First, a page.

The vertical rods 14 are perforated at uniform intervals and the cross-wires 30 pass through these perforations and are secured taughtly to rods 14 at opposing edges of the frame 12. The cross-wires 30 thus form diagonals across the space defined by the frame 12, intersecting in the center and being spaced uniformly along a vertical axis passing through these intersections and parallel to the vertical rods 14.
FIG. 2 is a partial, transverse section through the structure of frame 12, showing a typical vertical rod 14 and cross-wires 30 extending therefrom. Transparent display sheets 20 are placed upon each pair of cross-wires. The sheets are rigid or semi-rigid and are preferably made from a vitreous or plastic composition whose surface properties permit the ready placement of indicia 22 thereon, and the subsequent removal of same.
The indicia 22 are opaque and may be formed by glueing tabs of a suitable material upon the surface of the display sheets 20, or may represent dots, lines, arcs or distinctive markers drawn or painted on the display sheets. The uniform spacing of the display sheets, corresponding to the spacing of the cross-wires 30, defines one coordinate axis of the three-dimensional display; the other two axes are preferably defined by the cross-wires 30 themselves.
The indicia 22 are placed, drawn, or painted onto the display sheets 20 according to a predefined pattern representing the coordinates of the information to be displayed prior to assembly into the frame 12. When all the sheets 20 required to define the three-dimensional information are so marked and assembled into the display structure 10, the image of the information becomes a readily visualized and manipulated outline.
The display, typically of a three-dimensional geometric structure, is readily viewed from any arbitrary angle, and sections thereof may be readily scaled along any arbitrary line, whether or not coincident with one of the coordinate axes.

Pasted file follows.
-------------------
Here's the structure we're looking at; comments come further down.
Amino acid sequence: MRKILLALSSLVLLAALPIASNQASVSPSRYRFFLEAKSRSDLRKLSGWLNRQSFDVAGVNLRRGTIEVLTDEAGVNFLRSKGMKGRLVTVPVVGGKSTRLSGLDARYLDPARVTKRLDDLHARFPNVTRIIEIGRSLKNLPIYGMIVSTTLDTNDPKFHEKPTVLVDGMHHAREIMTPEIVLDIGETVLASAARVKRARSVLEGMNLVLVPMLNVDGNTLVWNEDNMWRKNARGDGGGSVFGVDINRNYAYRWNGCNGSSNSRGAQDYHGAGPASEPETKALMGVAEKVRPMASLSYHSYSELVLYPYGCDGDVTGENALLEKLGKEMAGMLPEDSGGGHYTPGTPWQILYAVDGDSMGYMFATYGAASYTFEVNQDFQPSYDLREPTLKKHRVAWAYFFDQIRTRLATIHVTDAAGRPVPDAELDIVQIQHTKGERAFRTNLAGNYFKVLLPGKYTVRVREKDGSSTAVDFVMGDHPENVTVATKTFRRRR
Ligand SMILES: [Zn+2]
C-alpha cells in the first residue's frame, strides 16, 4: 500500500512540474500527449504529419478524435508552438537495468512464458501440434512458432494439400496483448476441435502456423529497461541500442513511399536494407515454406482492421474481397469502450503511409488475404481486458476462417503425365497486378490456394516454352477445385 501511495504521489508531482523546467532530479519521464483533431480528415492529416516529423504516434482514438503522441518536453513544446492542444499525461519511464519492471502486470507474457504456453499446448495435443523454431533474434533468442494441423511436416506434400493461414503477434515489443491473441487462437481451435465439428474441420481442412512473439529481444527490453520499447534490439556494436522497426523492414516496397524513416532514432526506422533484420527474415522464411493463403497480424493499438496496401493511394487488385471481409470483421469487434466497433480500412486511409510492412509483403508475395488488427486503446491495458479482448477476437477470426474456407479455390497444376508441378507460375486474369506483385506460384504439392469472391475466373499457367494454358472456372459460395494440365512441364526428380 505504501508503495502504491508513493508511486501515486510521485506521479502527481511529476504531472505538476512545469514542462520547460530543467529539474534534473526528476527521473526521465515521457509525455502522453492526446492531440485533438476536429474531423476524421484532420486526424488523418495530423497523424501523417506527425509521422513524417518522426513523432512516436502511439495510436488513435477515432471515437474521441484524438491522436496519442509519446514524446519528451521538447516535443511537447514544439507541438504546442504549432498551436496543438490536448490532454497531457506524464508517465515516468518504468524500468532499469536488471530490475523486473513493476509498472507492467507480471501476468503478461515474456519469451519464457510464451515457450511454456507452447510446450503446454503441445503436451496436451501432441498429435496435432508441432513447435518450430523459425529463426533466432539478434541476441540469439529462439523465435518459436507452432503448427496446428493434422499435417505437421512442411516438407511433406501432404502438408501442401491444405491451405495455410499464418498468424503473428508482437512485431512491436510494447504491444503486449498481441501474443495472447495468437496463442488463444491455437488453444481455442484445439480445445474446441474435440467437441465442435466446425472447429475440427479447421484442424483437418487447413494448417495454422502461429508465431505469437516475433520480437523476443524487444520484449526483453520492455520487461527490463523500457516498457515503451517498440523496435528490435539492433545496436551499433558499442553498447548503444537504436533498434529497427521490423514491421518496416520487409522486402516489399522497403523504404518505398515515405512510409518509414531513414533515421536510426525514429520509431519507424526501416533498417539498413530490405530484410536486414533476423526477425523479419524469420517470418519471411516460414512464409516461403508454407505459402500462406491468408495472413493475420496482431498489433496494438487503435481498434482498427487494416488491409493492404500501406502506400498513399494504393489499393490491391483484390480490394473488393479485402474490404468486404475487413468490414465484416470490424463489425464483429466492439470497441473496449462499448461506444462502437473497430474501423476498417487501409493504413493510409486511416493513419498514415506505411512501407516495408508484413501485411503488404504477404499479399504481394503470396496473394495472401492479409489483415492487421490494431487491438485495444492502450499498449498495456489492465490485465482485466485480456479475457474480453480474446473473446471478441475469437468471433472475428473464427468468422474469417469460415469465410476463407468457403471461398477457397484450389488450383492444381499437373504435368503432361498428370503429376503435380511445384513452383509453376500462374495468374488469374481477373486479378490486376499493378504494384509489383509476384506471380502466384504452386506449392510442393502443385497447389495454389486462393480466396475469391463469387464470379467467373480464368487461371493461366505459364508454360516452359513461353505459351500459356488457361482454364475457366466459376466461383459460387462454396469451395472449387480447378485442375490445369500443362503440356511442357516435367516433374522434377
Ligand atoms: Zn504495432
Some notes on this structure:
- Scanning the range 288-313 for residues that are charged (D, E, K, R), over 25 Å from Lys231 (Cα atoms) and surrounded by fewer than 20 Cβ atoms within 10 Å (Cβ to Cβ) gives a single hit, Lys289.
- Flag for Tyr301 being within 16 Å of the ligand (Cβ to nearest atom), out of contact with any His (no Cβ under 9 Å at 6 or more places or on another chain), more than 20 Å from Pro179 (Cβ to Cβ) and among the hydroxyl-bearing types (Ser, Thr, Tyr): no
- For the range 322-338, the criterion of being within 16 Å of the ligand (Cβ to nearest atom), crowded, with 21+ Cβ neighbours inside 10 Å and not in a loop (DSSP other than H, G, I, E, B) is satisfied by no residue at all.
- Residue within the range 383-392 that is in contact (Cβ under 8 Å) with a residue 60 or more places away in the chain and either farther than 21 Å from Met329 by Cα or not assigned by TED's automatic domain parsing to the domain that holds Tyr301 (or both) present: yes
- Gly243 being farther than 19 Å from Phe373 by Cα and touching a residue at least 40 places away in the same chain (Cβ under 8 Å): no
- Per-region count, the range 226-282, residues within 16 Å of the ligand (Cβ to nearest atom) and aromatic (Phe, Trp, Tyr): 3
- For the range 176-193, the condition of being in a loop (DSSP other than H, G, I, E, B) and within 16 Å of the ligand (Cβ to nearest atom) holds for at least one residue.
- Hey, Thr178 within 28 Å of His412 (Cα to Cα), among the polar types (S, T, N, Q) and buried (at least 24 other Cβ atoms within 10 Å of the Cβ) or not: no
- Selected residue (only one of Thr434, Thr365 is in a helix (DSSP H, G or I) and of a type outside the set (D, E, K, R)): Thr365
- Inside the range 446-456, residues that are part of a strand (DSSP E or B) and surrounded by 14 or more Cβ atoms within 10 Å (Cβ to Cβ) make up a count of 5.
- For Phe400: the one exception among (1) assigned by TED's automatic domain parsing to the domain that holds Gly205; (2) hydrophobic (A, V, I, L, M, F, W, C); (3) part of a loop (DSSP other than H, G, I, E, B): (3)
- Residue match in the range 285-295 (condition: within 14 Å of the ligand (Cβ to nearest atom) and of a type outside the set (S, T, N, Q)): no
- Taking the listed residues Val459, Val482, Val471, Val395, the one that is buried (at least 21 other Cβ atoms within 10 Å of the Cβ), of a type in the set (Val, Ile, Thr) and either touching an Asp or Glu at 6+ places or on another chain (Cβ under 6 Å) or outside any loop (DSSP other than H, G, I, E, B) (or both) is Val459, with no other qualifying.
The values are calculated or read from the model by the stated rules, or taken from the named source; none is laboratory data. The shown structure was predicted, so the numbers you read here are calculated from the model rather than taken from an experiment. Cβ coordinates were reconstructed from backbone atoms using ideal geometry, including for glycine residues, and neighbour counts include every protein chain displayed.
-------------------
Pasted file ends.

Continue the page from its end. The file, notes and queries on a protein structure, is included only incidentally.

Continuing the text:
Where the intersection of two or more of such figures, surfaces, or lines is to be visualized with the aid of the display device 10, the appropriate intercepts with the several display sheets 20 may be mapped onto the same sheets using differential coloring, different markers, or interrupted lines of differing construction, so that the several components of the display may be readily distinguished. It is also possible to map the information representing different component figures onto different sets of display sheets 20, and to assemble these in close contact at each of the appropriate levels of the display, so that two or more display sheets 20 are supported on each pair of cross-wires 30. In this latter use, the thickness of the display sheets 20 must be allowed for in defining the coordinates of the markings and the sheets assembled in proper order to permit accurate scaling of the resulting composite display.
The partial perspective view of FIG. 3 shows an alternate construction of the display sheet array, comprised of a plurality of transparent display sheets 21. These sheets are maintained in parallel, superposed alignment by support means corresponding to the cross-wires 30 of the display 10 in FIG. 1. These support means may take many forms, typically slots or guides in the vertical rods 14 of the frame 12, or its equivalent, but where cross-wires are used they are made from a transparent material such as nylon string, since the grid system of the display incorporating the sheets 21 is marked onto, or etched into, the surface of the display sheets. Typically, the grid in the planes parallel to the alignment of the display sheets 21 is represented by a set of rectangular grid lines 32, although a radial (polar) coordinate grid may alse be used.
Indicia 24, 26 and 28 are shown on the surfaces of three adjoining display sheets 21 in FIG. 3, and form part of the three-dimensional figure which is to be visualized with the aid of the array of display sheets 21.
The perspective view of FIG. 4 shows a three-dimensional display 14 constructed without a frame by stacking a plurality of display sheets 23 directly one upon another. The display sheets 23 are made with a thickness corresponding to the desired grid definition along the vertical axis and the appropriate intercepts and coordinates of the information to be displayed are marked or painted upon their surfaces. In FIG. 4 the display comprises the outline 34 of an inverted pyramid, defined by its intercepts on the interfaces between the stacked display sheets 23.